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GASB 87: State and local gov'ts face special challenges beyond mere accounting

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Previously, governmental entities reported their leases similarly to how private entities reported leases under ASC 840. While finance leases would be capitalized on the balance sheet, operating leases would be reported in the footnotes. However, the Governmental Accounting Standards Board’s Statement No. 87 (or GASB 87) requires that all operating leases now be accounted for as finance leases. As a result, leases previously classified as operating leases will not only be capitalized on the balance sheet, but also be reported differently on the income and cash flow statements. The reporting requirements will be in effect for government entities beginning Dec. 15 for all reporting periods subsequent to that date.

The standard generally mirrors leasing standards issued by the Financial Accounting Standards Board and the International Accounting Standards Board, although there are specific differences in accounting treatment. Government entities also face other challenges specific to the nature of their operations, challenges that many may not have anticipated, and which are related to the very nature of their organizations. The following are some key areas of consideration for organizations moving forward:

Widely distributed assets

Many of these entities service widely distributed populations through many different locations. State agencies, and even large municipal interests, may operate out of dozens or even hundreds of locations, each with leased properties or equipment. As per the standard, accounting must be reported at the asset level. This necessarily requires that any changes to the asset, such as impairment or loss, requires a process to regularly reach out to each and every asset user to get these dispositions recorded. Scaling this process can pose serious problems without automation.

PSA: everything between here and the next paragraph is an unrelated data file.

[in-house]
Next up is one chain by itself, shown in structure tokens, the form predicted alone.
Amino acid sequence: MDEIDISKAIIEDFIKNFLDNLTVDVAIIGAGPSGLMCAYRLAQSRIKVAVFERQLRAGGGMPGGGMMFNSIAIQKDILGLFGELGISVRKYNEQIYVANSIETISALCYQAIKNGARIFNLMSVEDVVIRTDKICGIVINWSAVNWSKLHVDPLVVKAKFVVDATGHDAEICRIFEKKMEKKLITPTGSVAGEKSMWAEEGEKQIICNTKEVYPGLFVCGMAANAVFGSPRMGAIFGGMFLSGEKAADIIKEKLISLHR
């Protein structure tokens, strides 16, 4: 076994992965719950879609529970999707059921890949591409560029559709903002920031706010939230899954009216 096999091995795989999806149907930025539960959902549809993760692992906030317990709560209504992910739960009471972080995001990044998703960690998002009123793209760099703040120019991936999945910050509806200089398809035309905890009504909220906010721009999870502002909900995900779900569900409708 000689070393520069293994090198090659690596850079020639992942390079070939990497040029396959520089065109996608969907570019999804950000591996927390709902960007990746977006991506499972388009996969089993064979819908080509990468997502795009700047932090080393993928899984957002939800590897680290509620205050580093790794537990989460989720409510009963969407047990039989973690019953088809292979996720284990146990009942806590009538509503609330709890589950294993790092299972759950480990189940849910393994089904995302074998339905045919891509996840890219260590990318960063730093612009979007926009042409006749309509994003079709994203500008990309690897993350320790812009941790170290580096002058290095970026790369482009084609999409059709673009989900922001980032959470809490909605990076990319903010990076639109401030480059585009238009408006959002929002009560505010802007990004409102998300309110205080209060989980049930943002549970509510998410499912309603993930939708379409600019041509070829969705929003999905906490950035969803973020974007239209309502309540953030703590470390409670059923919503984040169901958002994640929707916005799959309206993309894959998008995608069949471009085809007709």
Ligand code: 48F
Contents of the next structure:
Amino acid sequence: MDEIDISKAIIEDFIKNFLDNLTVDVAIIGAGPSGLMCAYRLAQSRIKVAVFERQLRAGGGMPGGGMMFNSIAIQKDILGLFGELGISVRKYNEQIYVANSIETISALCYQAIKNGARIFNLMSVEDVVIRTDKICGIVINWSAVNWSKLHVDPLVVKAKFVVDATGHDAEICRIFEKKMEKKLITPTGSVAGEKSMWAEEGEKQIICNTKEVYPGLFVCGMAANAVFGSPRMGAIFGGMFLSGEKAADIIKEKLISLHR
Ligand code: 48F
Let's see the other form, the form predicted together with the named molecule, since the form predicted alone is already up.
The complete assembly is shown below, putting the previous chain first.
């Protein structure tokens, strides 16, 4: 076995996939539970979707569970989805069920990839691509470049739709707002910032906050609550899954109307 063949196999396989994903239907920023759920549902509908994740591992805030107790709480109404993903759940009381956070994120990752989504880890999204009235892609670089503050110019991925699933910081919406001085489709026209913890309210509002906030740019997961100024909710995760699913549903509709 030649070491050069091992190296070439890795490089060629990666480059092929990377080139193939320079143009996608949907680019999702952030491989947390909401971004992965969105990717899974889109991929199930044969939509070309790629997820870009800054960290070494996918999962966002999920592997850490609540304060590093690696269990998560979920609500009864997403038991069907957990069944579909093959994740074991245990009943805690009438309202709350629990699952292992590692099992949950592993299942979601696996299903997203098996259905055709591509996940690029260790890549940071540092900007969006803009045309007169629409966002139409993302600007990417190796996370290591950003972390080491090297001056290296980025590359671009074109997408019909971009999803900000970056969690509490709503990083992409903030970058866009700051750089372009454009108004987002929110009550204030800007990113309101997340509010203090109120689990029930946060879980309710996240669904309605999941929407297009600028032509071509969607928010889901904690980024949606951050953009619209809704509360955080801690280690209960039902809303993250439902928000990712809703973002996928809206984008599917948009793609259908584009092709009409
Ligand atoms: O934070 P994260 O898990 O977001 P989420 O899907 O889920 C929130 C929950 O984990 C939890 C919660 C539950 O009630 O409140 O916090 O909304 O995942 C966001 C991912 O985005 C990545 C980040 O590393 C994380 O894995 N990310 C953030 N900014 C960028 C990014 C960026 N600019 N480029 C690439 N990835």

Widely distributed leasing process

In addition to the disposition of the assets, the lease itself will undergo midterm and end-of-term changes that can materially affect reporting. Often the individual responsible for the lease is different from those responsible for the asset. Again, regular communication with respect to the status of the lease and its various options such as renewals, returns or buyouts must be recorded in order to satisfy reporting requirements. In a situation where gathering this data from so many individuals exists, accomplishing this without automation imposes a significant manual process fraught with error, not to mention cost.

Added scrutiny

While all public and private entities must be concerned with their financial profile for investors, creditors, and the like, government entities must also comport with the inspection of other entities. For those receiving federal funds, correct reporting is essential to avert potential issues. And intra-state governance may no doubt also play a role in evaluating the financial profile revealed by the standards.

The role of automation

All of this added risk calls for added caution and prevention, a lesson that can be taken from private companies that had to comply with FASB’s leases standard, ASC 842, and the IASB’s leases standard, IFRS 16. What many have reported is that the inherent complexity of the standards, especially when compounded by highly distributed leasing operations, required them to implement either substantial manual processes to overcome these gaps or to implement technological solutions. Implementing a greater level of automation has been shown to be critical to those organizations who face the challenges imposed by the new lease accounting standards and especially those inherent in distributed organizations. It’s important for organizations subject to GASB 87 to evaluate their strategy for automating this increase in processes so it doesn’t negatively impact their workload or costs.

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